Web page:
As the automakers careen toward bankruptcy, here are some of the myths complicating the debate over the future of the Detroit Three:
Congress denied our automakers a $25 billion loan despite the prospect of bankruptcy and the massive, negative, economic ramifications of that.
Yet over the past several months the Fed has lent over $600 billion to foreign central banks, including, the ECB, Bank of England, Bank of Japan, Swiss National Bank, Banco Central do Brasil, the Bank of Korea, Banco de Mexico and the Monetary Authority of Singapore.
Here's what the Fed had to say about those loans in its minutes:
"...to address the sizable demand for dollar funding in foreign jurisdictions"
What does this mean?
It means that the Fed gave over $600 billion to foreign CBs and that money will be lent to individual institutions and companies within those respective countries.
Wouldn't it be ironic, then, if some of the recipients of those dollar loans turned out to be foreign automakers like Daimler, BMW, Hundai, Mazda and even Nissan and Toyota?
Could very well be.
There is no U.S. Government regulatory oversight when it comes to how the central banks of other nations dole out OUR money.
Did Congress say anything about this? Of course not.
The most egregious thing is that the Fed did not have to do this. If foreign central banks needed to help companies within their jurisdiction that had dollar liabilities, they could have bought dollars in the open market and supplied those dollar loans directly. Our Fed didn't have to supply them. However, as a consequence of giving those dollar loans the Fed has stopped the dollar's rally. That hurts Americans.
There was huge public outcry when the Fed arranged the "bailout" of Bear Stearns. Back in July the Fed created the Maiden Lane Portfolio to assume the $28.8 billion of Bear Stearns' assets. The value of that portfolio as of 11/20 was $26.9 billion. So, over the course of four months the Fed has "lost" about $2 billion based on current, mark-to-market value of the Bear Stearns assets.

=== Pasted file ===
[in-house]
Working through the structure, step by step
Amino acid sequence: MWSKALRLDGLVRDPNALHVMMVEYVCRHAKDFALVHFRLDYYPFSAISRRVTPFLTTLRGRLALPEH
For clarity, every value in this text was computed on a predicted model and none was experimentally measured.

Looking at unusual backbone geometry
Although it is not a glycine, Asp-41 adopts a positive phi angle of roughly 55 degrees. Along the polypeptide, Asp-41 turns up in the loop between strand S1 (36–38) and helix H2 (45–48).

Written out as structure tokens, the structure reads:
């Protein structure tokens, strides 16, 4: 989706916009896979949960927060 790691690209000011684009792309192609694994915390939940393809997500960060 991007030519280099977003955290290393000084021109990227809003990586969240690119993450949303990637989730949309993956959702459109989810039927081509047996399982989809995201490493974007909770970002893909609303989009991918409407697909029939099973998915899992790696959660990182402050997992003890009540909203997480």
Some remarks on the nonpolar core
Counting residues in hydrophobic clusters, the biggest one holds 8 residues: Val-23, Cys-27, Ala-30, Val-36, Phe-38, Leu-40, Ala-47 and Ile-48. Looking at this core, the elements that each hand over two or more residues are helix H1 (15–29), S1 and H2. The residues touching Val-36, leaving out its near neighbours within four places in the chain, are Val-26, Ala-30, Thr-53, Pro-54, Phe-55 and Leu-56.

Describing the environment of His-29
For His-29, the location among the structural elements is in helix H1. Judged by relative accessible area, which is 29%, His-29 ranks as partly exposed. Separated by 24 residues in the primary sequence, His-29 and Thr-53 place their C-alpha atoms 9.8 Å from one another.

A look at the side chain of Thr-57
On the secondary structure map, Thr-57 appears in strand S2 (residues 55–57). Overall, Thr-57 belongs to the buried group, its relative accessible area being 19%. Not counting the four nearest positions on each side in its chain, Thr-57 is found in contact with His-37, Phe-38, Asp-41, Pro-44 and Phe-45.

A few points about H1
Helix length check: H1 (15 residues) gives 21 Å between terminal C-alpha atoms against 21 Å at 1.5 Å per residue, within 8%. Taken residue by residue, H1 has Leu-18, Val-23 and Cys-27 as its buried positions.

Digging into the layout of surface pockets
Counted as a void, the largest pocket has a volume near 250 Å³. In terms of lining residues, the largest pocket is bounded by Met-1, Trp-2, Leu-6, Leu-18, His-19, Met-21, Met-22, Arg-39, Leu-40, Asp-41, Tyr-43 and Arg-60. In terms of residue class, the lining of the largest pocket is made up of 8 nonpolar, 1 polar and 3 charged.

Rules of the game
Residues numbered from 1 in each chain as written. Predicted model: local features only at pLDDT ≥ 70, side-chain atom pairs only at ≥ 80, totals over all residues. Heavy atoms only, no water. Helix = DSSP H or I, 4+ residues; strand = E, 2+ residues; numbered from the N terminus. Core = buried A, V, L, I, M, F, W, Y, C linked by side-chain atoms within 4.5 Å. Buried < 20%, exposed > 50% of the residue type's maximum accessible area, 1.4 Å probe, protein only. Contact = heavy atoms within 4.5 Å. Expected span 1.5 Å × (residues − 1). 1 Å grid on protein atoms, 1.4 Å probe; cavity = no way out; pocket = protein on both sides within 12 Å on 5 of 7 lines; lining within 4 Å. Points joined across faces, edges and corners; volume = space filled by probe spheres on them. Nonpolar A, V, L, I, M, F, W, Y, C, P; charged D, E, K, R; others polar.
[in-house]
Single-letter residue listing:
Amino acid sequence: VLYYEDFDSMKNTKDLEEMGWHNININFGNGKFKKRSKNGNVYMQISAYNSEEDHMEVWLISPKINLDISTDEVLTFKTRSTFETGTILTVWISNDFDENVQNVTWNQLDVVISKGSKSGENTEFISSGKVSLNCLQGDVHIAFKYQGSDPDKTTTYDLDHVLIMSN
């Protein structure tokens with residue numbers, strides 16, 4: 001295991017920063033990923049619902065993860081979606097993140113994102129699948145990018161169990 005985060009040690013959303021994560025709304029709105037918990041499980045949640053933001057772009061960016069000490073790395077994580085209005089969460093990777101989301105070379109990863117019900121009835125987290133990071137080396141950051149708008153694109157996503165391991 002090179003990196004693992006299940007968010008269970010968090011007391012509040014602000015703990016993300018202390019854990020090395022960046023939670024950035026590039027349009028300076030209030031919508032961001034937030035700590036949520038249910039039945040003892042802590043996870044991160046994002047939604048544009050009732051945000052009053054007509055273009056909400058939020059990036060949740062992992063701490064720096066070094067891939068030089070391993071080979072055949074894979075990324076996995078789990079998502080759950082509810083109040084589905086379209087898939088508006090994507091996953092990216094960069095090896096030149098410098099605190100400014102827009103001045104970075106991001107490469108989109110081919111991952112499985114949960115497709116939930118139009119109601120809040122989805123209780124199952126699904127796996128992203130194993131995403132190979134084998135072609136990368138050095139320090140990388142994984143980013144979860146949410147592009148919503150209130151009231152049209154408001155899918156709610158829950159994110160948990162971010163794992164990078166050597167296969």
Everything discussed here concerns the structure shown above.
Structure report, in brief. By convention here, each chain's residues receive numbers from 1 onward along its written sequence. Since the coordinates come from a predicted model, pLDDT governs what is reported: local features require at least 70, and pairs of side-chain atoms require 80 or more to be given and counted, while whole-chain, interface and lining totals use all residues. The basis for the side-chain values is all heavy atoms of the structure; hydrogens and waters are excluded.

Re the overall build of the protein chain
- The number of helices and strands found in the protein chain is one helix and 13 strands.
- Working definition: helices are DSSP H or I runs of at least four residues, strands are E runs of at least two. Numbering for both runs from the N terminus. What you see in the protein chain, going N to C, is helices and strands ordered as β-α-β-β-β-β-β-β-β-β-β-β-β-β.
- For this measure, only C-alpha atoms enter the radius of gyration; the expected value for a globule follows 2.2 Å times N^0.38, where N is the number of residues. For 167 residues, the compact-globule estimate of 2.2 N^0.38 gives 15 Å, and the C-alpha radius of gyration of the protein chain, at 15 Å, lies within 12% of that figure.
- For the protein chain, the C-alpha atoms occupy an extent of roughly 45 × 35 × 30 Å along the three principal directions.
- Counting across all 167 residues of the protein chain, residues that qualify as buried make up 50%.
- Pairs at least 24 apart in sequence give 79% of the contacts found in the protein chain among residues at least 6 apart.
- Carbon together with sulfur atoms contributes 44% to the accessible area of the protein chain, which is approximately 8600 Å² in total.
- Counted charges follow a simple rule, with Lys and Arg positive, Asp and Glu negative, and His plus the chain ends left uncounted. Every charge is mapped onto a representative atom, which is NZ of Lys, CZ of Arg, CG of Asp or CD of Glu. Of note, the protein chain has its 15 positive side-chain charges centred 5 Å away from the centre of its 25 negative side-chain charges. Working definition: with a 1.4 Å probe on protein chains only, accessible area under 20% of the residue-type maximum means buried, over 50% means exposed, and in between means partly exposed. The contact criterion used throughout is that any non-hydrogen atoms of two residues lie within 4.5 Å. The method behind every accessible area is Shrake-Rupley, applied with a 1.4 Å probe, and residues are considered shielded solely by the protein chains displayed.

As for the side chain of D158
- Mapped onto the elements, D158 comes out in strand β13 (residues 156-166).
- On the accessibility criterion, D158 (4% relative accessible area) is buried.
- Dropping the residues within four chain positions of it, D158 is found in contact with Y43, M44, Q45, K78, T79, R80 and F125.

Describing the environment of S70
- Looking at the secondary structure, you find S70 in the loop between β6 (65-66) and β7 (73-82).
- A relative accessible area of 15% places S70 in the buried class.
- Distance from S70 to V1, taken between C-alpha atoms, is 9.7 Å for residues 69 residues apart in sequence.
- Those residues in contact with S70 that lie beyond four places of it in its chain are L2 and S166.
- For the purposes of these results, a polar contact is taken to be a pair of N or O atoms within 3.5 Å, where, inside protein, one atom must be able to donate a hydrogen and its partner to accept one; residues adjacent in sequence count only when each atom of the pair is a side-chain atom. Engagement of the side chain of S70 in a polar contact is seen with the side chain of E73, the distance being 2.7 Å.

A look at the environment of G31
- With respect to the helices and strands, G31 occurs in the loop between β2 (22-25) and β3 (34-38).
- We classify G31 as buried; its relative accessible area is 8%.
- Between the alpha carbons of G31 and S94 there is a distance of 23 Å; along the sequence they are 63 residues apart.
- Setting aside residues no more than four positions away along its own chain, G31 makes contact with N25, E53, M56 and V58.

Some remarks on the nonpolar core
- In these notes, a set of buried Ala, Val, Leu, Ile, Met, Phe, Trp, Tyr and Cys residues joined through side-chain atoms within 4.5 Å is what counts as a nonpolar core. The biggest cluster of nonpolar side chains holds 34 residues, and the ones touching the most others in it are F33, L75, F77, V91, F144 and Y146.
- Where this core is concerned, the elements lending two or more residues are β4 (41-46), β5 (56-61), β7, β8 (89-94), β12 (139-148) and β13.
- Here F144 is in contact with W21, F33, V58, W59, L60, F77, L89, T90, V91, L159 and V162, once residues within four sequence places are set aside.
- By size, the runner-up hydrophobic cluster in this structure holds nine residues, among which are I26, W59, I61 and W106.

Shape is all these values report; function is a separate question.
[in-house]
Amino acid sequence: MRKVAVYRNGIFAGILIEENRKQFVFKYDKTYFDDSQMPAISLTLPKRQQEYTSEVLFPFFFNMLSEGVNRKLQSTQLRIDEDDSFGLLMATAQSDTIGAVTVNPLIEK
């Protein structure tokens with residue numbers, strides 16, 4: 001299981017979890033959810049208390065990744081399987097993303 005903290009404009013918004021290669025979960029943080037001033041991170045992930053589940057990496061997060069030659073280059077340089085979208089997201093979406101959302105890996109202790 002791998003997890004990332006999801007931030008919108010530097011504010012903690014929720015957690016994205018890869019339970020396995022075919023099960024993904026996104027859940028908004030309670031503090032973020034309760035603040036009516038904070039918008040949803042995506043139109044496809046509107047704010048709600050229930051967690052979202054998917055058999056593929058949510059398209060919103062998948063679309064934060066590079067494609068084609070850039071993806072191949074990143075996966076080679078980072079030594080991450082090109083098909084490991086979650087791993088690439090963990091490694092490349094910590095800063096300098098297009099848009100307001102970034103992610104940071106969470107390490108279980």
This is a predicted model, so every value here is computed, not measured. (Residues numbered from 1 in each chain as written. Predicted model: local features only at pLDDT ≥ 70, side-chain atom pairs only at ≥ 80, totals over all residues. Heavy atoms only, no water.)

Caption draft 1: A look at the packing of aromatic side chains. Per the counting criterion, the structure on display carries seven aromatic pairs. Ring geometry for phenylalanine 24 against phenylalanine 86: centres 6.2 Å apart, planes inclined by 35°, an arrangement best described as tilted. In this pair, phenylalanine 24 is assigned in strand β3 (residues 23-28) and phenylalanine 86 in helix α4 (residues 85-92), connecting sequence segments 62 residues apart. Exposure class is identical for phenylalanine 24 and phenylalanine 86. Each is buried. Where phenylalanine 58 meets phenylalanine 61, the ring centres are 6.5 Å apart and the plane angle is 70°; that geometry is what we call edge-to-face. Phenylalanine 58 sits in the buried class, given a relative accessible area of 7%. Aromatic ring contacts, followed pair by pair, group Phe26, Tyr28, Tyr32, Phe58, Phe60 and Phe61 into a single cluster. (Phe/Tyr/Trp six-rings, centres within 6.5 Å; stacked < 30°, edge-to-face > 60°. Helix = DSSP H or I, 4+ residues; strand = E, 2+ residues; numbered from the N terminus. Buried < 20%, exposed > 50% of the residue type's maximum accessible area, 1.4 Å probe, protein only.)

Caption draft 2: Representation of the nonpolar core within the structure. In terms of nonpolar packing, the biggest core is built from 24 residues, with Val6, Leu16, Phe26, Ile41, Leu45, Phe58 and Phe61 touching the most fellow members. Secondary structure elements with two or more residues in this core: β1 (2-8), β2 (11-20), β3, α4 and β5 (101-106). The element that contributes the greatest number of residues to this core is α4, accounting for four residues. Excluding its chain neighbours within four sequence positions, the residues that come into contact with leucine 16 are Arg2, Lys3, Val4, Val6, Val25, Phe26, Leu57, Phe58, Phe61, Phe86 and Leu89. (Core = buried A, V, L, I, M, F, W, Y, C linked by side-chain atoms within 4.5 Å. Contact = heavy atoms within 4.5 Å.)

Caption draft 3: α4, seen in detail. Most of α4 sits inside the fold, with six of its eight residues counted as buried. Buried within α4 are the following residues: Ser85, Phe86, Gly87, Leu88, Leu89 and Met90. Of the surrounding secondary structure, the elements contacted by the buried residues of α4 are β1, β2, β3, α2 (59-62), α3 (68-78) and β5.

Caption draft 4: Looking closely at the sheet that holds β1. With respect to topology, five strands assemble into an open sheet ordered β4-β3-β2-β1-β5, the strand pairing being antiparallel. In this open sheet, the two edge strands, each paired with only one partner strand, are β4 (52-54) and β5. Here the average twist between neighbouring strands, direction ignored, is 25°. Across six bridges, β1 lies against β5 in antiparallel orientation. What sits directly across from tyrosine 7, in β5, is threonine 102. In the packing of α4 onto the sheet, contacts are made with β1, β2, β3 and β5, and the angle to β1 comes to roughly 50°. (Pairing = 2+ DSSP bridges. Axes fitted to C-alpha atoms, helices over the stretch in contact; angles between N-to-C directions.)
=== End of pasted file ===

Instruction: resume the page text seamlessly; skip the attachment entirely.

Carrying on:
Yet in the past week the Fed's foreign currency holdings have lost $8.6 billion in value--more than four times what it lost on the Bear Stearns deal. (View the Fed's weekly statement here.)
At least with Bear Stearns the Fed acted to help an American institution and U.S. financial markets, as opposed to giving money to foreigners.
So, where is the public outcry? Where are the Congressional hearings?
Thursday, November 20, 2008
Total outstanding value of foreign currency on the Fed's balance sheet as of November 20th is $606.4 billion. That is down $8.6 billion from the previous week.
Access the Fed's weekly statement here.
”Peter Orszag, the head of the Congressional Budget Office, was picked to head Obama’s Office of Management and Budget, a top Democratic source told CNN on Tuesday. Orszag worked at the Clinton White House as special assistant to the president at the National Economic Council and served on the Council of Economic Advisers.”
Orszag has written on the dangers of rising deficits for interest rates, and on the government’s fiscal “gap” into the infinite horizon, to head OMB.
Change we can believe in?